In Vine v Belfield [2021] EWHC 3068 (QB) Mr Justice Nicklin considered the position where a claimant had failed to file a Schedule of Costs.  He held that the appropriate course of action was to make an order for detailed assessment, with a substantial interim payment being made.



The claimant brought an action for defamation. The defendant failed to comply with various court orders.   This led to the court adjourning the trial of preliminary issues. The judge determined that the defendant should pay the costs. However the claimant had not served a costs schedule in advance of the hearing.




The judge found that the non-service of the Schedule meant that the costs would have to be subject to a detailed assessment. However there would be an interim payment for a substantial part of the costs claimed.

31                I am going to deal with the issue of costs now. There are two stages to it: first is the principle. I have explained in the judgment what has happened today and why the Court has taken the step it has. In summary: as a result of a failure by the Defendant to comply with orders of the Court, principally the order in relation to originally setting out in a written statement of case its position on the preliminary issues that were due to be determined at trial, the Court has had to abort the exercise that would ordinarily have been a straightforward one. Very significant culpability in my judgment falls on the shoulders of the Defendant, and it is quite right, in my judgment, that he ought to pay the costs that have been thrown away by this exercise.
32                The Court needs to make clear to litigants that non-compliance with orders will ordinarily lead to the imposition of sanctions. Where they disrupt the proper management of litigation that will almost inevitably follow. That has been the consequence of this failure to comply, and it is a serious failure to comply.
33                Mr Henderson has pointed out that the Claimant has failed to serve the relevant statements of costs in support of the application for costs that has now been made. He has referred me to the Practice Direction to CPR 44 §§9.5(4) and 9.6. The effect of those provisions is that the failure to serve a statement of costs is a relevant matter for the Court to consider both when deciding the issue of costs and any assessment of those costs.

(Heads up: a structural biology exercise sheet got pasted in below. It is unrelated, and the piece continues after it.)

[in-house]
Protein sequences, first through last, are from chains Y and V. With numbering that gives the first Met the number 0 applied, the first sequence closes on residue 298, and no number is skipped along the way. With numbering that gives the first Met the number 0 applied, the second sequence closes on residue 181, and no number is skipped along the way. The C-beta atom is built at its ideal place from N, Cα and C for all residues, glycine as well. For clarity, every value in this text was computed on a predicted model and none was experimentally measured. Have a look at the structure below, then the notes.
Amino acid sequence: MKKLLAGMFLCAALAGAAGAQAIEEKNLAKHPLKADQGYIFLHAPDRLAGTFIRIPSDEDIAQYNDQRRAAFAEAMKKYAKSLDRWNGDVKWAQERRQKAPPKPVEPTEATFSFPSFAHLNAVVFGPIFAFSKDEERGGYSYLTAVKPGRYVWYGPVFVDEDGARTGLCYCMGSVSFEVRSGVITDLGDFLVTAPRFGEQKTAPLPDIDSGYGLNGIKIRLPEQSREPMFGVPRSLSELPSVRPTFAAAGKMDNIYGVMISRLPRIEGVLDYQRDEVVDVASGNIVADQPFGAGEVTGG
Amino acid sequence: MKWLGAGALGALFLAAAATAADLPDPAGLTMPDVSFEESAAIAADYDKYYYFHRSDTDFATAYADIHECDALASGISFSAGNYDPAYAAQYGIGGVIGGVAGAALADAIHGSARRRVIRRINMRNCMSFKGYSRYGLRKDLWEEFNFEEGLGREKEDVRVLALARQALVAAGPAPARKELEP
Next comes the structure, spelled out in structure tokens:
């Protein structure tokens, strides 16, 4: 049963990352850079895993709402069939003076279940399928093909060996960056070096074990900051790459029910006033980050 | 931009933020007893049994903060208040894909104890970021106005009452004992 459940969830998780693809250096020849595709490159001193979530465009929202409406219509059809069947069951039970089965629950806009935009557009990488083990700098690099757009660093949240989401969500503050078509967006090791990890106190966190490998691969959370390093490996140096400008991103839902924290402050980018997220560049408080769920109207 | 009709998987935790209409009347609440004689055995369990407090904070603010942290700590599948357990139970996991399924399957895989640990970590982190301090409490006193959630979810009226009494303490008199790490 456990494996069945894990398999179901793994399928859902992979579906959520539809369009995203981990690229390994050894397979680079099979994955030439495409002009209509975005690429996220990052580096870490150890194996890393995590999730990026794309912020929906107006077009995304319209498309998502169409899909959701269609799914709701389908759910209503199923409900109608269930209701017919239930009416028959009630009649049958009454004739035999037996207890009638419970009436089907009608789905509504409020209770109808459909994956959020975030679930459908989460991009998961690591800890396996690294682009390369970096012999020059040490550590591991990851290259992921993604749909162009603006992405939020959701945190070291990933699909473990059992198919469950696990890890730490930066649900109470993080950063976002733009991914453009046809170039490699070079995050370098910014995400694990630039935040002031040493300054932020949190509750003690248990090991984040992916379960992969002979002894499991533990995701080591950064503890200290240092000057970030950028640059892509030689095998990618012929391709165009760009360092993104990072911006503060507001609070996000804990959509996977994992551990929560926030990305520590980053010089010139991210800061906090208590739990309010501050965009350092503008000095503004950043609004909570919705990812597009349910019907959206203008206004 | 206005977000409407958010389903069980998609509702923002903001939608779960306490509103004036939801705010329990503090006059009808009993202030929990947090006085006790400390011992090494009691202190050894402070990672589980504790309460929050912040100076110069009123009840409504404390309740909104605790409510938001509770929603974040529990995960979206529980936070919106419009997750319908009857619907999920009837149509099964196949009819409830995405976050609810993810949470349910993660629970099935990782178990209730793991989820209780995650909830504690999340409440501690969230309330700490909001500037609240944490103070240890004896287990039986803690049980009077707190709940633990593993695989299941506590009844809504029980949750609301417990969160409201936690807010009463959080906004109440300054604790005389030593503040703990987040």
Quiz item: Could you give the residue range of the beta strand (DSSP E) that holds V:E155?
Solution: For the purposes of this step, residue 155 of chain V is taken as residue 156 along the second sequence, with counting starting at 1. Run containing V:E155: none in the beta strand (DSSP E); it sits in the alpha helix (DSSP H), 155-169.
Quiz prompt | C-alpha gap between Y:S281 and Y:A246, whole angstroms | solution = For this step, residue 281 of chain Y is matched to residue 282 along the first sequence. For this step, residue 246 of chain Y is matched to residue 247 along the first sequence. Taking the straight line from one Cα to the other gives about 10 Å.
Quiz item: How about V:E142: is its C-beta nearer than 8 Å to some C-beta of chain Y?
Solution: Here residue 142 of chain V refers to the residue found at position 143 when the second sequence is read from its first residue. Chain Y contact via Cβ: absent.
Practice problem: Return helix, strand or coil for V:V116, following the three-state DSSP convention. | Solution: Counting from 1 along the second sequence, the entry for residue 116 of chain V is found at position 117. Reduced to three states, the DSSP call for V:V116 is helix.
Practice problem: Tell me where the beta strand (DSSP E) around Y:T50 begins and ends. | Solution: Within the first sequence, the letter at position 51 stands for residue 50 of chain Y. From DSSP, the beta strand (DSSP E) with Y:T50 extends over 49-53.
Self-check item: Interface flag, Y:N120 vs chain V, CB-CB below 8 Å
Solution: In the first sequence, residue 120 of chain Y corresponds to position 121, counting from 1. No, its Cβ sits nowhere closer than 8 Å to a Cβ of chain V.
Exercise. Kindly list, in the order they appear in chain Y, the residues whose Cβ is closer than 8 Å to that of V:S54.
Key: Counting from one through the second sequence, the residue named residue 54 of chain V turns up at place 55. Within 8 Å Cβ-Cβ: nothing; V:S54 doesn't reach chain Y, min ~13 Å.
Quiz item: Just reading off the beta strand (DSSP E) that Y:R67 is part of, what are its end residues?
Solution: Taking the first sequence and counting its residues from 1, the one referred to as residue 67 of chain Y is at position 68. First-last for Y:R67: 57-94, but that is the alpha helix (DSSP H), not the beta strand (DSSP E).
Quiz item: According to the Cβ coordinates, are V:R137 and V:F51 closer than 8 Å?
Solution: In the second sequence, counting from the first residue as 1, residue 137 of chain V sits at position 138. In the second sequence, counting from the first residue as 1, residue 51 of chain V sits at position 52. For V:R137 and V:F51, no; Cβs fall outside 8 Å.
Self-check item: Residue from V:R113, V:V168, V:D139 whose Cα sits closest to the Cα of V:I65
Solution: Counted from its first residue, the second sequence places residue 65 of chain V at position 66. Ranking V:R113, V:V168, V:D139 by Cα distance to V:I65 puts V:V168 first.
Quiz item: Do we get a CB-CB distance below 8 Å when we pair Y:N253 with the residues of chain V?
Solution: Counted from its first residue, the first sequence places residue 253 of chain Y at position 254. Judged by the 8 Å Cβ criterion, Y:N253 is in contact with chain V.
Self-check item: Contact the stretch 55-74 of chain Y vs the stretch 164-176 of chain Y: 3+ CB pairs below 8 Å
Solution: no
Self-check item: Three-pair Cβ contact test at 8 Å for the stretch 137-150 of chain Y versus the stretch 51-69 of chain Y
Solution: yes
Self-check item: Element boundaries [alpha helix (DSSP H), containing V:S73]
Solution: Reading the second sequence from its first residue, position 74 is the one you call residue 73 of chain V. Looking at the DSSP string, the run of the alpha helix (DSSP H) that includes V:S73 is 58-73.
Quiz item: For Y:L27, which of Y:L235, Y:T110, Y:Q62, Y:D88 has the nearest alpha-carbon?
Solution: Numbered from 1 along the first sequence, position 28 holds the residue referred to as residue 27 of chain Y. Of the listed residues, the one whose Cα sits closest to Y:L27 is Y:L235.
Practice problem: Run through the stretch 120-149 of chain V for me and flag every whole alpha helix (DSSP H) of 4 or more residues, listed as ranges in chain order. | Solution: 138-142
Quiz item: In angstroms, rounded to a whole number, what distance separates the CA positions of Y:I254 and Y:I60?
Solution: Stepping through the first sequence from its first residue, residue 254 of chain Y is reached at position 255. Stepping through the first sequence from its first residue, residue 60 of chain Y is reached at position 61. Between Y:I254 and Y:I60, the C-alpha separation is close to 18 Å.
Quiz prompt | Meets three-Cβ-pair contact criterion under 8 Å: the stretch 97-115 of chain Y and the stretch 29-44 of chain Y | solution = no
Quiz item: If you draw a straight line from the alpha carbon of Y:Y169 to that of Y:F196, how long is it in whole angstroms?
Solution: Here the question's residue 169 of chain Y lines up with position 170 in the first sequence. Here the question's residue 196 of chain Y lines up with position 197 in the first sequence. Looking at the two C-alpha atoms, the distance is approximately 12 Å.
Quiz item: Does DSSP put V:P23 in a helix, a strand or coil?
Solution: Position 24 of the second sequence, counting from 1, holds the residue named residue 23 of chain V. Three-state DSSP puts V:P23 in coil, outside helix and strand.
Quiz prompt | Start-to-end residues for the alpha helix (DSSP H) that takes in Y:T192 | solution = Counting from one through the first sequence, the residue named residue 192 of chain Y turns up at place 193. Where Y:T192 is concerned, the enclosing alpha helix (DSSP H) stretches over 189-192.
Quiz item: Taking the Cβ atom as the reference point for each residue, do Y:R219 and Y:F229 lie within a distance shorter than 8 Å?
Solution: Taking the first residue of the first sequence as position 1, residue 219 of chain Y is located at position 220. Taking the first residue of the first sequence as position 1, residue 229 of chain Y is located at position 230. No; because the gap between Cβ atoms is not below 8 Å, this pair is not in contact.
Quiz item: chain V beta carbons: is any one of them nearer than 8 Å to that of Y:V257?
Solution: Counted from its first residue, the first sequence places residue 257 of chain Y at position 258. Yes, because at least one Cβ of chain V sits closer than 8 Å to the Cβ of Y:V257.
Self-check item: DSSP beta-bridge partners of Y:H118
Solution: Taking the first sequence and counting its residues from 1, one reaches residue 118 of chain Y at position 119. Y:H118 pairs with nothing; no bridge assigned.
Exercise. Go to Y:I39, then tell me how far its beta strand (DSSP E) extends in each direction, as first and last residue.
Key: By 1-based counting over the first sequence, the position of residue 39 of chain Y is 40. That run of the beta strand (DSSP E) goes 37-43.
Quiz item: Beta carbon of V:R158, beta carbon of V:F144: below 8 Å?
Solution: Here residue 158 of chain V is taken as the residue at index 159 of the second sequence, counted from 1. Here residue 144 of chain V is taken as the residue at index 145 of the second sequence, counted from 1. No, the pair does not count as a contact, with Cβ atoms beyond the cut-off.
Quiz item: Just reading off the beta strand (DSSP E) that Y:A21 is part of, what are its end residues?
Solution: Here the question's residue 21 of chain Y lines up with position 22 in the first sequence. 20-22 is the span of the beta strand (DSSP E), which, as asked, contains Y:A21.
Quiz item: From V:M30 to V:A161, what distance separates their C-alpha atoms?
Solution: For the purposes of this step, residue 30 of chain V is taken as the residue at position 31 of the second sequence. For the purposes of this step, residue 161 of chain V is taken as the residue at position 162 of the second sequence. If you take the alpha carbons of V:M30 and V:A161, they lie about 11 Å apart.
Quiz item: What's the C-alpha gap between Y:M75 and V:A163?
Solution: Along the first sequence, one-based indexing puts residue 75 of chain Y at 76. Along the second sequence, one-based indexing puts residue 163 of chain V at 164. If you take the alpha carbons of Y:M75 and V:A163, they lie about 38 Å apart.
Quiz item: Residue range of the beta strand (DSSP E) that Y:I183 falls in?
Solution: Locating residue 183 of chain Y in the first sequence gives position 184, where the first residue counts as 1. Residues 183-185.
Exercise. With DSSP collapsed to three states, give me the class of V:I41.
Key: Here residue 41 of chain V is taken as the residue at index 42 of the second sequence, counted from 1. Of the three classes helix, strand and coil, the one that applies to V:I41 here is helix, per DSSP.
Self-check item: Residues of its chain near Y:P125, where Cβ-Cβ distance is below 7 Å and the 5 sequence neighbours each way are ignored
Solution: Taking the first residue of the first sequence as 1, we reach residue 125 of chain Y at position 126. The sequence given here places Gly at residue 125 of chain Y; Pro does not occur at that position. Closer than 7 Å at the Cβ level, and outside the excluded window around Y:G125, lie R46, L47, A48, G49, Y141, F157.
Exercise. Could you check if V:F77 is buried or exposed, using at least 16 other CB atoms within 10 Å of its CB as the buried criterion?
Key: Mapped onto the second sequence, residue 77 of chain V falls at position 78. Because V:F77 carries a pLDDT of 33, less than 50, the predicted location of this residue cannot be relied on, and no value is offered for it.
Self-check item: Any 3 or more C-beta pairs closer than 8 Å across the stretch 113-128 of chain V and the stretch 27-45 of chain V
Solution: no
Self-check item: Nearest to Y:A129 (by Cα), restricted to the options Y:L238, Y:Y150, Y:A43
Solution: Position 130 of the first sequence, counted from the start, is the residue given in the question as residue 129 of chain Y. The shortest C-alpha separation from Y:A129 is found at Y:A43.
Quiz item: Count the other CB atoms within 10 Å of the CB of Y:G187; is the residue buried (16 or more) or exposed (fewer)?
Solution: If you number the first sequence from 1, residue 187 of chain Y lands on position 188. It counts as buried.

34                Notwithstanding the failure to serve the statement of costs, I am nevertheless satisfied that, as a matter of principle, the Claimant is entitled to the costs of the application that was made before Kerr J, that led to his order of 7 August, and also the costs of today. These costs have been wasted as a result of a failure to comply the Court’s orders and directions which has led to this hearing having to be aborted.
35                Turning to the assessment of those costs, the failure to serve a statement of costs disables the paying party from having an opportunity to consider whether there are objections that can be taken to the costs. I did offer Mr Henderson and the Defendant the possibility of adjourning until 2 o’clock to enable instructions to be taken but Mr Henderson rejected that in favour of inviting the Court to deal with the matter by directing that the costs should be subject to a detailed assessment, if not agreed. In order, therefore, to preserve the proper opportunity of the Defendant to raise such points as he considers he can to challenge the costs sought to be recovered under the costs order that I have made, I will direct the detailed assessment of those costs if they are not agreed.
36                Mr de Wilde, on behalf of the Claimant, has applied for a payment on account of those costs. Such application appears to me to be irresistible in the circumstances, there can be no reason (and none is advanced) why a payment on account should not be ordered. The total sum in the statement of costs is just short of £31,000, possibly £32,000. I have looked myself at the statement of costs and considered the time, particularly the identified time spent certainly in relation to the application before Kerr J. I would be surprised if any significant dent was made in those costs on any detailed assessment. There is slightly more that is available for argument, potentially, on a detailed assessment of costs in relation to the costs of today. Taking all of those factors into account and doing the best I can, the sum that I will order to be paid by way of payment on account of those costs is £25,000.